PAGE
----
Development libraries and includes

  • juntalis

    juntalis - 2011-10-20

    Do you think you can put up the development libraries (.lib) and includes for the python you're using to build PythonScript? I realize I can easily build Python on my own - the issue is that if I write a Notepad++ plugin that relies on calling PythonScript, and I want to include some Python C-Extensions, depending on what particular distribution I use, it may not be compatible with the Python dll included with PythonScript, and therefore would not run for other people.

  • Dave Brotherstone

    Sure - I'll upload them probably over the weekend - I've got limited time until then.

    The main issue is that the python27.dll (and compiled modules) that are bundled with python script are compiled with /MT.  There's some changes to some python modules in order for that to work (they're available on my python git repo on github -  Therefore, any Python C-Extensions must also be compiled with /MT. 

    What's the plugin? Sounds intriging!

    Good luck,

  • juntalis

    juntalis - 2011-10-21

    There's a couple of things I'd like to try, actually. Depending on how much time I have in the next few weeks, I'm going to try to wrap a bit more of the Notepad++ plugin interfaces with Python, such as the DockingDlgInterface and StaticDialog. To do that, I'll have to wrap some Win32 ui parts, of course, but that shouldn't be too much of an issue. If I come up with anything useful on that end, I'll most likely propose it at the github page, rather than releasing it as an additional plugin. (Worst comes to worst, I can always build some of the PyWin32 extensions against PythonScript's library and integrate a GUI through that)

    I may also see what I can do about putting together a packaging system for PythonScript to allow packaging a script and any modules written for it into a single zip file. (To maximize performance on this end, I'd most likely use the zlib module or czipfile module) I realize the user site folder seems to be located at AppData/Notepad++/plugins/PythonScript/lib, so I may just write a quick helper function to install any necessary dependencies/modules there and provide a way for developers to automatically register their events into the startup script. (Possibly with a prompt, if you feel that it's too much of a security risk)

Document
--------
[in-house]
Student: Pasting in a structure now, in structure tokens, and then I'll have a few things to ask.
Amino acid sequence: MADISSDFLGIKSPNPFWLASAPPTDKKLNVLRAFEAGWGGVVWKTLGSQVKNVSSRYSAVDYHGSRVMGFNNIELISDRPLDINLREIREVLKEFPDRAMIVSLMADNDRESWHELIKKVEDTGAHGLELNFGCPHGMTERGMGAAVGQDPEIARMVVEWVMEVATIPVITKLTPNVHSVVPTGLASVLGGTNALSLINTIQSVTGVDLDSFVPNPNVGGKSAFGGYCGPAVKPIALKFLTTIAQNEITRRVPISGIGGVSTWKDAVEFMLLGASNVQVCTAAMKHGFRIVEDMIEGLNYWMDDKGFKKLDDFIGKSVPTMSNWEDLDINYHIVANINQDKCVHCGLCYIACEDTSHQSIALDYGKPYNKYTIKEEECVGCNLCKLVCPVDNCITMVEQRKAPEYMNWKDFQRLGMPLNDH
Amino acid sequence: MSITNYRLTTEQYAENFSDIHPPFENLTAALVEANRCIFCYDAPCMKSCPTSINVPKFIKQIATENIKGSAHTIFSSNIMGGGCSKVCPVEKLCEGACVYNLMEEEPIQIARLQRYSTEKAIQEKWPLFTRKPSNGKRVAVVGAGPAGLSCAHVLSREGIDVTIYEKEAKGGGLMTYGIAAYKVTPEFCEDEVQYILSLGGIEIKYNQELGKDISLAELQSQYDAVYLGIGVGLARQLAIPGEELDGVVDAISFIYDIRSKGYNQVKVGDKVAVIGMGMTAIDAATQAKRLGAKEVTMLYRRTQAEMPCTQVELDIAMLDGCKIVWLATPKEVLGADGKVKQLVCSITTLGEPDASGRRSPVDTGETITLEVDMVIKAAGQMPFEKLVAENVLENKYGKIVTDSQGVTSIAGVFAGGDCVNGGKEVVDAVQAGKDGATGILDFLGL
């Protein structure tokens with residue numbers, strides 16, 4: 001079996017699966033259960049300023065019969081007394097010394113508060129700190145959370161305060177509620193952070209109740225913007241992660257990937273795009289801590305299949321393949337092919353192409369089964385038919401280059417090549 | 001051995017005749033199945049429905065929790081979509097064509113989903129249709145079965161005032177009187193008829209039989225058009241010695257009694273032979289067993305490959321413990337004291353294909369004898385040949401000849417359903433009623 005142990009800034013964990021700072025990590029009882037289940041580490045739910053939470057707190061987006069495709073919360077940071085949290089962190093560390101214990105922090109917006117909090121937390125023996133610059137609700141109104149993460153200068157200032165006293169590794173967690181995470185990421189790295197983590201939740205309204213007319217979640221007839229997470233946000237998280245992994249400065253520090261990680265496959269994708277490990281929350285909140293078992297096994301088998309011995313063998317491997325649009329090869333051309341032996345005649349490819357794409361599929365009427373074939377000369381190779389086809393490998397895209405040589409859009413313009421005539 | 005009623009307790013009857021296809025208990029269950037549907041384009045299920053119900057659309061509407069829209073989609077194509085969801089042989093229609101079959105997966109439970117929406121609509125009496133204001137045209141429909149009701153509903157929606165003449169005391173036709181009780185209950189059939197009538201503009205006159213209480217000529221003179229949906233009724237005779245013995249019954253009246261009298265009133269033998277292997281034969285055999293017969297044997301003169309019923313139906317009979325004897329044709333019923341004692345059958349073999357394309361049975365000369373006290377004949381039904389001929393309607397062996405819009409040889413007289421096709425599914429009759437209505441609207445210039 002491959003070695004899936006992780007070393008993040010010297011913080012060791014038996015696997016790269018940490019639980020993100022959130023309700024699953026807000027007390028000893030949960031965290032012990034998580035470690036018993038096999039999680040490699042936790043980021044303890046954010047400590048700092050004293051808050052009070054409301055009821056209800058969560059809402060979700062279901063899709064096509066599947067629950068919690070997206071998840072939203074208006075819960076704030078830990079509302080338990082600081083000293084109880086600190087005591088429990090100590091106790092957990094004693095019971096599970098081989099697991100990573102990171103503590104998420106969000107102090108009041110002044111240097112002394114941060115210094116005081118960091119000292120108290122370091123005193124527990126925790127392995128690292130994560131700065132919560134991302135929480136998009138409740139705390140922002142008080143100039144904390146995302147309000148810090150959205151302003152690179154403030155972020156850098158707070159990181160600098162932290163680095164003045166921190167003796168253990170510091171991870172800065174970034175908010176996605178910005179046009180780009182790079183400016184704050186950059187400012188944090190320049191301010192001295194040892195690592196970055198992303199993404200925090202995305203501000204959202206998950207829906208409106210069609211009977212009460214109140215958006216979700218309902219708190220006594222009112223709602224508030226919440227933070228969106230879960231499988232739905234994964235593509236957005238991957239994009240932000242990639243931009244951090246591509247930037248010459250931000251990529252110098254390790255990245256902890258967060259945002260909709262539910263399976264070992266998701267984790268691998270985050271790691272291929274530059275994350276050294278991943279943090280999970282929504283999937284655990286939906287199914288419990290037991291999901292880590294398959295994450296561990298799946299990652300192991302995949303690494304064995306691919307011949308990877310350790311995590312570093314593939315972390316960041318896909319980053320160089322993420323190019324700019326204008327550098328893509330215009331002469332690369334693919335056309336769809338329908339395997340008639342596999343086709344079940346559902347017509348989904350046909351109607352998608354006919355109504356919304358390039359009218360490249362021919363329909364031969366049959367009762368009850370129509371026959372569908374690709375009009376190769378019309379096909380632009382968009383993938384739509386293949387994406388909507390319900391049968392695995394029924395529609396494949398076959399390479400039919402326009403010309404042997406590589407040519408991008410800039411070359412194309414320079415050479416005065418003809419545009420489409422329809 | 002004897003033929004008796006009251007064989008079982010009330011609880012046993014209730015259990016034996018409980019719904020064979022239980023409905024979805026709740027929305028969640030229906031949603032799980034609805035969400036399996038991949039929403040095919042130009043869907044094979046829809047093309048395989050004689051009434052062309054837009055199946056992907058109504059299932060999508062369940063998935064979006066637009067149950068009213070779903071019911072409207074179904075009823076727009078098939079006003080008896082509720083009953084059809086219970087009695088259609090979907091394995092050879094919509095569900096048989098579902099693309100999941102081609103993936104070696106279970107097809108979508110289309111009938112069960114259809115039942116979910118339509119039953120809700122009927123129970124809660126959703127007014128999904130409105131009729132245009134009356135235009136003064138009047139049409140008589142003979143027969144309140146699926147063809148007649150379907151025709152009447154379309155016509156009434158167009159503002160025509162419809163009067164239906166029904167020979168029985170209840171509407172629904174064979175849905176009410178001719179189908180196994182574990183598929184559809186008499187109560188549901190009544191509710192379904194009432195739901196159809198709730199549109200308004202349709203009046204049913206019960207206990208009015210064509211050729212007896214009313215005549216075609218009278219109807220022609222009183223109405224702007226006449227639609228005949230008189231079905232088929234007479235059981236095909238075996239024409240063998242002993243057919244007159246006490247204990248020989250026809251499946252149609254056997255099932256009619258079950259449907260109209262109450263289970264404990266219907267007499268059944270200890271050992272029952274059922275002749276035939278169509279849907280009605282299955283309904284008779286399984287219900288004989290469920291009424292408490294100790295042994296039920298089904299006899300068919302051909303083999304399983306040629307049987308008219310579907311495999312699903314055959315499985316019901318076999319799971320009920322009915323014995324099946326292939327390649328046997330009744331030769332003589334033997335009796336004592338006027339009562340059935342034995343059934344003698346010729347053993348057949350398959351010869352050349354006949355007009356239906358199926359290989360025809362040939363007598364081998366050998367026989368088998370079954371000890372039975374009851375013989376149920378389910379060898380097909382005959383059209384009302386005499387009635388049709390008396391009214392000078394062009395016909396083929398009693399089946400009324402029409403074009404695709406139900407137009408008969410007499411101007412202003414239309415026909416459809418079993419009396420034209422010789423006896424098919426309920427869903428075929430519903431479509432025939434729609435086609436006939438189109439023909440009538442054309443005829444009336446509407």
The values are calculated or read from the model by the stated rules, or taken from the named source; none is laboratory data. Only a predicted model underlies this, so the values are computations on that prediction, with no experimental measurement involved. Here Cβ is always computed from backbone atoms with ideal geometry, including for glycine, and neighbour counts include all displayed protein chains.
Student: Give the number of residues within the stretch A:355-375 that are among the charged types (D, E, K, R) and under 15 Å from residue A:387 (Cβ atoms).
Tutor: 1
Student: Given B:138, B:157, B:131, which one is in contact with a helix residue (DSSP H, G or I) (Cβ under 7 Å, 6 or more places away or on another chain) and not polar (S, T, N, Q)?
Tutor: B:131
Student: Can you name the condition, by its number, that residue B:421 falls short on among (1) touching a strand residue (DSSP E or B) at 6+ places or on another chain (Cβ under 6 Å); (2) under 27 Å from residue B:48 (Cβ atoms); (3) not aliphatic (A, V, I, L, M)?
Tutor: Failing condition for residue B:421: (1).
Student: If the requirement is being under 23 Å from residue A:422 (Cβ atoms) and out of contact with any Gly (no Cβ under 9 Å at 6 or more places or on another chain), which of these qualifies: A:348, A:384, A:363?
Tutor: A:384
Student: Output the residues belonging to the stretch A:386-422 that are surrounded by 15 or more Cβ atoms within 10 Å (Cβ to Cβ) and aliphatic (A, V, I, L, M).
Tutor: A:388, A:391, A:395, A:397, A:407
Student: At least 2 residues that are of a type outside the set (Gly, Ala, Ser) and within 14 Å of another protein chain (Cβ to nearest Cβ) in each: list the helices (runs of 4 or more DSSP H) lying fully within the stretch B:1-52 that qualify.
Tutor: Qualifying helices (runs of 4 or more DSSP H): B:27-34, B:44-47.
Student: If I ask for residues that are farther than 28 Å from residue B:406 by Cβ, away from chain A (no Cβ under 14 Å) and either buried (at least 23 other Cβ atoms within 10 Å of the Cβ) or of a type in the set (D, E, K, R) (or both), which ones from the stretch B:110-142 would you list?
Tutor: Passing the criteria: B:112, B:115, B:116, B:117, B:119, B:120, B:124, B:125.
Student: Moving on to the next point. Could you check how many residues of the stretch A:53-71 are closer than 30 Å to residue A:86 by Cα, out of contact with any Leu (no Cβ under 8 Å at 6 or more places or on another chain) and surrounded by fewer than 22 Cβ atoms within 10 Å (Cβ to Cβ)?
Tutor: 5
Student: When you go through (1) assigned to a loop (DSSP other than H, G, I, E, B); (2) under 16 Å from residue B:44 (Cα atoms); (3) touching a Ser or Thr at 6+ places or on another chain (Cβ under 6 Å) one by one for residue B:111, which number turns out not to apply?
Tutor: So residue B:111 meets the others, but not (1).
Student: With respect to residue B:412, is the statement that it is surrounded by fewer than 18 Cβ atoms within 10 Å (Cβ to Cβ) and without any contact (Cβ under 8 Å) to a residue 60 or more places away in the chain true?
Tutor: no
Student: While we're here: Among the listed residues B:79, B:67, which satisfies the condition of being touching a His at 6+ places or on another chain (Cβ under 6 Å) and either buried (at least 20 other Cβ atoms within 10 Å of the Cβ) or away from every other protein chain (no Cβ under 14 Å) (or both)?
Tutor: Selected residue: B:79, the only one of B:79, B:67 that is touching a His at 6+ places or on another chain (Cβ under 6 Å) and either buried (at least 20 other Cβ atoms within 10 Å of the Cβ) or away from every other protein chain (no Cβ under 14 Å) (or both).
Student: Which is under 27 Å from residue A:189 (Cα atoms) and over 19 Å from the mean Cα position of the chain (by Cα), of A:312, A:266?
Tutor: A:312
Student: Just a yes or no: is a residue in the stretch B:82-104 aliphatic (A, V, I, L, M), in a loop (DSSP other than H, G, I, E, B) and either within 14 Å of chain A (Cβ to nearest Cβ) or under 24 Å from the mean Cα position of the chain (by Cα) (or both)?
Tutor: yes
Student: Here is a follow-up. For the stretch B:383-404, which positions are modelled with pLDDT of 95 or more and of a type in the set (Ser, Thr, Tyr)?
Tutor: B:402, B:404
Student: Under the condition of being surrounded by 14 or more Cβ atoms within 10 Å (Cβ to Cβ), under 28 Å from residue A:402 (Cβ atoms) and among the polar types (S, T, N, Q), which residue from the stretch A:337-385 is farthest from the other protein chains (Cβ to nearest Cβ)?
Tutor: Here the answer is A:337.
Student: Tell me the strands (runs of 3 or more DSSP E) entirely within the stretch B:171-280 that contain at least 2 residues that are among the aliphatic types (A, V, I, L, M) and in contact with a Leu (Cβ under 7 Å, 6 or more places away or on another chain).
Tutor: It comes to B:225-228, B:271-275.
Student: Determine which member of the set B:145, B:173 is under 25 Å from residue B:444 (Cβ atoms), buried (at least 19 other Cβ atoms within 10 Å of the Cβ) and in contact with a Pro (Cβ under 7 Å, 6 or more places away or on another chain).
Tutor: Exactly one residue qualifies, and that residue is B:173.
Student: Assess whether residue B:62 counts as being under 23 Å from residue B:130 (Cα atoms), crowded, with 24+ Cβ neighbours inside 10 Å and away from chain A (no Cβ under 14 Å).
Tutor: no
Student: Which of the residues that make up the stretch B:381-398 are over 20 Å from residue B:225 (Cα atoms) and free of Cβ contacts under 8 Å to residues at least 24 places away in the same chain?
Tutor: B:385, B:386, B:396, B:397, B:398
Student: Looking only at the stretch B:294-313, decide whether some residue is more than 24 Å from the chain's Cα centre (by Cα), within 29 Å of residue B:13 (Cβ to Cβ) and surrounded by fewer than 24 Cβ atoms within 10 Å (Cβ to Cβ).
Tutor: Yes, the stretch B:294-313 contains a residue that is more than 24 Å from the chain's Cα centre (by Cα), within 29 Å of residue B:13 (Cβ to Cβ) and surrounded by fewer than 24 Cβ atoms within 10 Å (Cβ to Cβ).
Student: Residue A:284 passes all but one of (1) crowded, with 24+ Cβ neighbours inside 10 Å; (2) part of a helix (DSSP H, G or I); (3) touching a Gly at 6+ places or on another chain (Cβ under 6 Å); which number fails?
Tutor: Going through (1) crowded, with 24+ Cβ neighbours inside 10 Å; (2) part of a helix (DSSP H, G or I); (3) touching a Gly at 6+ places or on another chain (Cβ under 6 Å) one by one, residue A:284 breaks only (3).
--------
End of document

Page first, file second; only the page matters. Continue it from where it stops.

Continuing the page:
Besides that, there's some general improvements I'd like to make to Notepad++ to make it a bit more context-sensitive that I just don't have the time to write out in C++. (Especially with how rusty my C++ has gotten)

    I've reimplemented a lot of the functionality in my language auto-detection script:, and I've been improving on it off and on over the last few weeks. Additionally, I'm looking into writing up a framework to specify how Notepad++ treats certain files. (For instance, when opening or creating a Shell Script, automatically convert line endings to Unix if they're not currently) Gets a little annoying when I'm deploying a shell script onto one of my development servers, I realize it won't run until I fix the line-endings. Another thing that drives me nuts is the indentations of scripts/source files. I'm well aware that the Python Standard is 4 spaces, but I really cant stand using anything but tabs. I understand, however, that some feel the same way about spaces. A feature I would like to try to integrate is a mechanism so that when a user opens a file that doesn't meet the indentation specified in their preferences, Notepad++ will automatically figure out the current indentation being used, remember it, and then convert it to the user's preference. When the user then saves that file, it reapplys the previous indentation. (Which would be a real timesaver for me when I'm trying to contribute to a project that has a defined code style that doesn't match mine)